Minnesota lawmaker campaigns for scent hazard awareness
educational institutes in the state aware of the hazards associated
with allergy-induced asthma attacks and other related health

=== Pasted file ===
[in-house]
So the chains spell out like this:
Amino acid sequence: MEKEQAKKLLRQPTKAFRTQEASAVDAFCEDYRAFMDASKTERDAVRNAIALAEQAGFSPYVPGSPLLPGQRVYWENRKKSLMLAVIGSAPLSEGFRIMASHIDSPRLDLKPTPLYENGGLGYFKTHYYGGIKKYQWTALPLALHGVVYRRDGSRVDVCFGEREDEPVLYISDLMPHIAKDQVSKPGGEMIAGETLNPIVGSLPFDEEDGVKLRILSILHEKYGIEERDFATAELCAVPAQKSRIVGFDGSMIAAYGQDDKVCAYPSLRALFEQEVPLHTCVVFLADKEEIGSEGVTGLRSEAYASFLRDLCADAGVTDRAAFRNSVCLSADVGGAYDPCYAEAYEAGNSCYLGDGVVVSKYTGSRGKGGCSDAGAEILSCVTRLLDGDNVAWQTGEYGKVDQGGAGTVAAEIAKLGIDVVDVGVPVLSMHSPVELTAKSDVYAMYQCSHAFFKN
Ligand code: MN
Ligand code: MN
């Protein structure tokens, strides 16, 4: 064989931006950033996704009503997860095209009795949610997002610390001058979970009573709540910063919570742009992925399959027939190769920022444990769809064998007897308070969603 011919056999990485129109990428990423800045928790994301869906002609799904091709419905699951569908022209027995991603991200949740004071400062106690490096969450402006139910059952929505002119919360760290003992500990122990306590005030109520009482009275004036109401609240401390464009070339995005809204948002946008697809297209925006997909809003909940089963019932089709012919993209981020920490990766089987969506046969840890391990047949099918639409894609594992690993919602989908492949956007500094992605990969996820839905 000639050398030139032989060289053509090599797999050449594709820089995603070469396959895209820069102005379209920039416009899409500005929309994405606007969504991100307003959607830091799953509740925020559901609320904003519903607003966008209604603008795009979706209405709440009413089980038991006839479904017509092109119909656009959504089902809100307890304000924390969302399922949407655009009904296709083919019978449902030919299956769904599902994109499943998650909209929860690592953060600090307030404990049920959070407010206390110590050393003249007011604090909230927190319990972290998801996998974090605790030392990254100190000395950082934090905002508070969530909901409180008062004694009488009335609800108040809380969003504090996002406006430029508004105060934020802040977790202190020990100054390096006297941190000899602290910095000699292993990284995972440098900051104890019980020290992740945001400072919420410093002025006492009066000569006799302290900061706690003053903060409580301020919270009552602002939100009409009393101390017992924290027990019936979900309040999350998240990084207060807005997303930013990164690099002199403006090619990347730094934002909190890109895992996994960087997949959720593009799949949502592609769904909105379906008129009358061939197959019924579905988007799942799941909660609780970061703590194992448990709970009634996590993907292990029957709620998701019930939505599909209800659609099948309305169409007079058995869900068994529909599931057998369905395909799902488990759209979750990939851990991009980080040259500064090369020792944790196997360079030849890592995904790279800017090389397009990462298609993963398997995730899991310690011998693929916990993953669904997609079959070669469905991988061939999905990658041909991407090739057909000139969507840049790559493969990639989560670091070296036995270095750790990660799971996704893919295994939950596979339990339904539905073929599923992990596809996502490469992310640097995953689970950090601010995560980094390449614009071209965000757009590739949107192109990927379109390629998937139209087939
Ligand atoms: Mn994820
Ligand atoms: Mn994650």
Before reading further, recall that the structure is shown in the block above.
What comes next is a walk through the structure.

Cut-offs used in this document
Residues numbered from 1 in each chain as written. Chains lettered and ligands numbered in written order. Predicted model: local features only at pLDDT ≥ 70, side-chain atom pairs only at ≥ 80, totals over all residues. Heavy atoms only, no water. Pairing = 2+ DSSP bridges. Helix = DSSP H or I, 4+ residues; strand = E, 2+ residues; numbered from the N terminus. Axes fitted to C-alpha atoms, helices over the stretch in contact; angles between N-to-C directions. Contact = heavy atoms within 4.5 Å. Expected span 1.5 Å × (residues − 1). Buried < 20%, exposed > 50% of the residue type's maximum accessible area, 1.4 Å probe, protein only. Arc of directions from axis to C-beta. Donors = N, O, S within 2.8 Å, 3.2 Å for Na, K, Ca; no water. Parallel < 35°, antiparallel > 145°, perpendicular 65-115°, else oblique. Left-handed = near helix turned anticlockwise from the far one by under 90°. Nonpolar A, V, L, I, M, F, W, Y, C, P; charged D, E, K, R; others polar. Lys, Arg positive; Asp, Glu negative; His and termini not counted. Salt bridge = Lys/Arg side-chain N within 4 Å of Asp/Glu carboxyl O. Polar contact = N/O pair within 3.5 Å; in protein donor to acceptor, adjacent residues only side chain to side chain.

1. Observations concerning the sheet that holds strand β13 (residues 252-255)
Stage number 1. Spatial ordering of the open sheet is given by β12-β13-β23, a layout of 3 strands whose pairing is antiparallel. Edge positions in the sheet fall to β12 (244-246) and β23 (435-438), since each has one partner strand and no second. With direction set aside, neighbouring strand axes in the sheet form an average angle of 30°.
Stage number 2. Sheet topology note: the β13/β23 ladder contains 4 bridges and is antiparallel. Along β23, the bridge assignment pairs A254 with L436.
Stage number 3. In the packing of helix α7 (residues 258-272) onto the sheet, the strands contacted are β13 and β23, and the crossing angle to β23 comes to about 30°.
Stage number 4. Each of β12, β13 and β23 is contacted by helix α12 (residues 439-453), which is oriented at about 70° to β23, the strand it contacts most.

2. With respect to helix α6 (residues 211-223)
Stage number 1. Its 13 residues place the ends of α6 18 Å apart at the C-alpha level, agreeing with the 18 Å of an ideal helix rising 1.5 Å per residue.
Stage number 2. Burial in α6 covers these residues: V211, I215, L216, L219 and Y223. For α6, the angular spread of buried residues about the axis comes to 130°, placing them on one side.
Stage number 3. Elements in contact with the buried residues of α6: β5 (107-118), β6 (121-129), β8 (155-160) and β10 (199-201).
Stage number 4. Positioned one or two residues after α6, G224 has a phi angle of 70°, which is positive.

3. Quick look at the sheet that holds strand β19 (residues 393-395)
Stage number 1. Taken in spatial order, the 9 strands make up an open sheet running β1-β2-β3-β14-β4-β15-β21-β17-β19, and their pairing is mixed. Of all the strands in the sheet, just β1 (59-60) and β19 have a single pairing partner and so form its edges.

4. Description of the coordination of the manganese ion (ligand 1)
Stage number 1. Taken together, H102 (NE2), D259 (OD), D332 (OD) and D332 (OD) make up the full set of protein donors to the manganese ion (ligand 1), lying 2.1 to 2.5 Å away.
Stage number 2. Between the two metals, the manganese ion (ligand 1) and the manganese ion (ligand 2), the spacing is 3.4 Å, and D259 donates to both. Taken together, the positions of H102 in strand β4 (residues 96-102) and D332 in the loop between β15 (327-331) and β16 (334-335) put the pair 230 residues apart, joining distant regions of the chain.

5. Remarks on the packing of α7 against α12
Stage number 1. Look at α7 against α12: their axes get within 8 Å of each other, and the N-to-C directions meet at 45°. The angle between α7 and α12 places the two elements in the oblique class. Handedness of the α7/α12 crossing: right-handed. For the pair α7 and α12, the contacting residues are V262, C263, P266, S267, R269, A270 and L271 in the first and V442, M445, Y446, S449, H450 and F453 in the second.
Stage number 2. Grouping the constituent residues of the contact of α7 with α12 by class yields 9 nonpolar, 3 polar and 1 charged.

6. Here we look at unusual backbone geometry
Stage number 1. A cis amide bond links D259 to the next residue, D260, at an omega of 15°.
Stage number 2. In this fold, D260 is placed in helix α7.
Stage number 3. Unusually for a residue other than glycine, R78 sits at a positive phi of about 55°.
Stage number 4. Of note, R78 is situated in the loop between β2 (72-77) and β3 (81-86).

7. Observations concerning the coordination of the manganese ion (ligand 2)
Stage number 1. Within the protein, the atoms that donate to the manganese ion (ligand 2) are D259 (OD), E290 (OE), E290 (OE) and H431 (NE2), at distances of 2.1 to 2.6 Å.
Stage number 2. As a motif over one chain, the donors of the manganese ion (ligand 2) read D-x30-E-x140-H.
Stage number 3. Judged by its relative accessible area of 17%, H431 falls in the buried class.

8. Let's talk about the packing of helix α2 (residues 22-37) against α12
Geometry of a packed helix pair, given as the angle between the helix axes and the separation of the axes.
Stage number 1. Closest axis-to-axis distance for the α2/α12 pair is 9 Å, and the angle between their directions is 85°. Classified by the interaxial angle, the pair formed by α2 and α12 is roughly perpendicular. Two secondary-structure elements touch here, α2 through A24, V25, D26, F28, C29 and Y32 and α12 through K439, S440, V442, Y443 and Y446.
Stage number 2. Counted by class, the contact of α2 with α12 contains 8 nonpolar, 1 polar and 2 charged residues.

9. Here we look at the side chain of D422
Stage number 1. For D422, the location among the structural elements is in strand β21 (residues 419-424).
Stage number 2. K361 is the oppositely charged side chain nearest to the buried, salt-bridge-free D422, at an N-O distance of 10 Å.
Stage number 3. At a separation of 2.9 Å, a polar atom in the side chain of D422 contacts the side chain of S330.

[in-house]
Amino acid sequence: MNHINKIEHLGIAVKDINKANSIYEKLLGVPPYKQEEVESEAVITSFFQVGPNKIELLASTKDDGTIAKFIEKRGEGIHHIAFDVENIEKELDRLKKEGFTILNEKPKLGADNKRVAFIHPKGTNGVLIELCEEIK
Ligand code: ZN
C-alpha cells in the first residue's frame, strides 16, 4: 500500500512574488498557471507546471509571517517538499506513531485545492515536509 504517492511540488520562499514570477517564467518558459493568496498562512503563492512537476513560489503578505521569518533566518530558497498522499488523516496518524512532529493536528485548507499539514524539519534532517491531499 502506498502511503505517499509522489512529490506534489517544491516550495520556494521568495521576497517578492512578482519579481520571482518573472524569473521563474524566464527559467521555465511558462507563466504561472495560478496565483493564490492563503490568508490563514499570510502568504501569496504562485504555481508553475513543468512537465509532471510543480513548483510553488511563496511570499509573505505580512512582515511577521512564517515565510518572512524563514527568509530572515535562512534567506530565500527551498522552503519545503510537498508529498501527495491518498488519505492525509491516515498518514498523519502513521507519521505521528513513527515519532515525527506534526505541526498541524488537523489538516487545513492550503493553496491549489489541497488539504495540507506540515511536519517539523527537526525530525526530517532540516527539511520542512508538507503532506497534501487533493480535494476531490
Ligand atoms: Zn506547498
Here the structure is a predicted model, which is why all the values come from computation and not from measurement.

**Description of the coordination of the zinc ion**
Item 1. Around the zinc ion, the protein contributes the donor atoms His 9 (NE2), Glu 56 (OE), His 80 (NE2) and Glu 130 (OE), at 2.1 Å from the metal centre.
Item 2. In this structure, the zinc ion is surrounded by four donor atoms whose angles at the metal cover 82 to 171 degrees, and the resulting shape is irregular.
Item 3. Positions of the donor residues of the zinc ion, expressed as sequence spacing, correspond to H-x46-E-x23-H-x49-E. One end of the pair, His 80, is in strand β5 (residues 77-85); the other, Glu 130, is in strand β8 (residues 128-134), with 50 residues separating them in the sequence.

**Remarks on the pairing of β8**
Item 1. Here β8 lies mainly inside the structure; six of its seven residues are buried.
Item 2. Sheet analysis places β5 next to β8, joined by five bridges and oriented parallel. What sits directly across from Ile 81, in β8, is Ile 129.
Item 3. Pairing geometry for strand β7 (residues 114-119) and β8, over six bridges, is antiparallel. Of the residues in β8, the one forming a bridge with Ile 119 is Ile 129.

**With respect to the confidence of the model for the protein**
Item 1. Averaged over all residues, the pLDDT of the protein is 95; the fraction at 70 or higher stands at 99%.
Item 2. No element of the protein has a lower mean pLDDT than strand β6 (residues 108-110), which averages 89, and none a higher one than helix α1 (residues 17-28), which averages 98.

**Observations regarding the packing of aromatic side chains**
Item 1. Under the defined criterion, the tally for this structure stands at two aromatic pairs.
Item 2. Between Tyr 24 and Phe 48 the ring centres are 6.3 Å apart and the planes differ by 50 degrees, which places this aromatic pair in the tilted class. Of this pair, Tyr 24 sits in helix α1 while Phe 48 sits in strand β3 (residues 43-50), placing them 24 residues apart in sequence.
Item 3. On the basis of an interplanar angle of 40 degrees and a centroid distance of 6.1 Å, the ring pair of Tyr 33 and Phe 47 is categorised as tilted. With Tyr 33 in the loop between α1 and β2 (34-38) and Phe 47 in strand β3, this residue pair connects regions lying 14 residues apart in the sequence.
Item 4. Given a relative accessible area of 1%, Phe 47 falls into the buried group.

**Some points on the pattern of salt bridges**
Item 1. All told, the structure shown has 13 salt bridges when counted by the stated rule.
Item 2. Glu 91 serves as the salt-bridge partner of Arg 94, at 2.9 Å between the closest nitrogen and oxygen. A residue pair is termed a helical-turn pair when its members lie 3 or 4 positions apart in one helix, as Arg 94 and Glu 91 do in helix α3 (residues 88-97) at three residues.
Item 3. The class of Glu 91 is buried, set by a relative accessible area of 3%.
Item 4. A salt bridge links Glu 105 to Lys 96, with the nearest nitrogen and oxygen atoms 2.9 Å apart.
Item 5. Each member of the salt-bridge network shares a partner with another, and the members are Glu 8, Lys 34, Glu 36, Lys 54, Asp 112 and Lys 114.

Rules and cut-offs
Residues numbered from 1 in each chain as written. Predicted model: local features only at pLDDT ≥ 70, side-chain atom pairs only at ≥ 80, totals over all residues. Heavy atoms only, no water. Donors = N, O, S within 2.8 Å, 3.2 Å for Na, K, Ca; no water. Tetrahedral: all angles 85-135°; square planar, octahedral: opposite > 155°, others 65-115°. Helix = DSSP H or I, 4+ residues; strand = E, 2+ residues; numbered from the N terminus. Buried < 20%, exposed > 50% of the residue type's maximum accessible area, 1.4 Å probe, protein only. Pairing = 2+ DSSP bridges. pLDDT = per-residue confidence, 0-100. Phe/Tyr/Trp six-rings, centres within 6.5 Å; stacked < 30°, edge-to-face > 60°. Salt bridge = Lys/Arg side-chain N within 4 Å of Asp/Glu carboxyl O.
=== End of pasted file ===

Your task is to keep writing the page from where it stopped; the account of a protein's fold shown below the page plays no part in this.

The move forms part of a number of similar attempts at introducing legally enforced actions against wearing fragrances in public places throughout the US due to the growing number of incidences relating to multiple chemical sensitivity (MSC). The Minnesota campaign is being driven by Democrat rep. Karen Clark, who initially tried to introduce a bill to completely ban fragrances in schools and has now presented a toned down version that asks for students and staff to be more aware of fragrance-induced allergies.. Campaigns to promote body sprays and fragrances have proved highly popular with young consumers in recent years, but in the confined quarters of classrooms the ragrances are said to permeate and are often unavoidable. School authorities say common sense should prevail However, some school authorities have slammed this type of legal action against fragrance-wearers, calling for common sense to prevail, rather than making it a legally enforced issue. One Minnesota school superintendent told local newspaper LaCrosse Tribune that the issue never seemed to have got to the point where students were making enough complaints to make a policy relating to the issue. Reacting to Clark's actions and similar enforcements that have already been carried out in colleges in Maryland and Portland, the Personal Care Products Council said that it did not oppose fragrance-free policies, so long as they are voluntary and not legislative. Although the number of individual institutions going fragrance free, or interested in going fragrance free remains very small, there is increasing recognition of multiple chemical sensitivity (MCS) and the general discomfort experienced by some on contact with strong scents. MCS can be induced from a chemical build-up MCS is described as the severe allergic-type reactions that some individuals suffer when in contact with a wide variety of chemical substances including many of those found in deodorants, fragrances, hair sprays and similar personal care products. Reactions can include headaches, skin rashes, muscoskeletal pains, burning sensations and severe fatigue, with some individuals having trouble with coordination and lengthy concentration. However, the mechanism behind MCS is not known leading many, including much of the medical profession, to refer to it as a psychosomatic illness with little or no treatment offered to sufferers. In addition, MCS is not a classic allergy - the body is not acquiring a sensitivity to a specific excitant, instead similar symptoms are being reported as a result of exposure to many and varied excitants - meaning that a fragrance free policy may not be the most effective mode of action.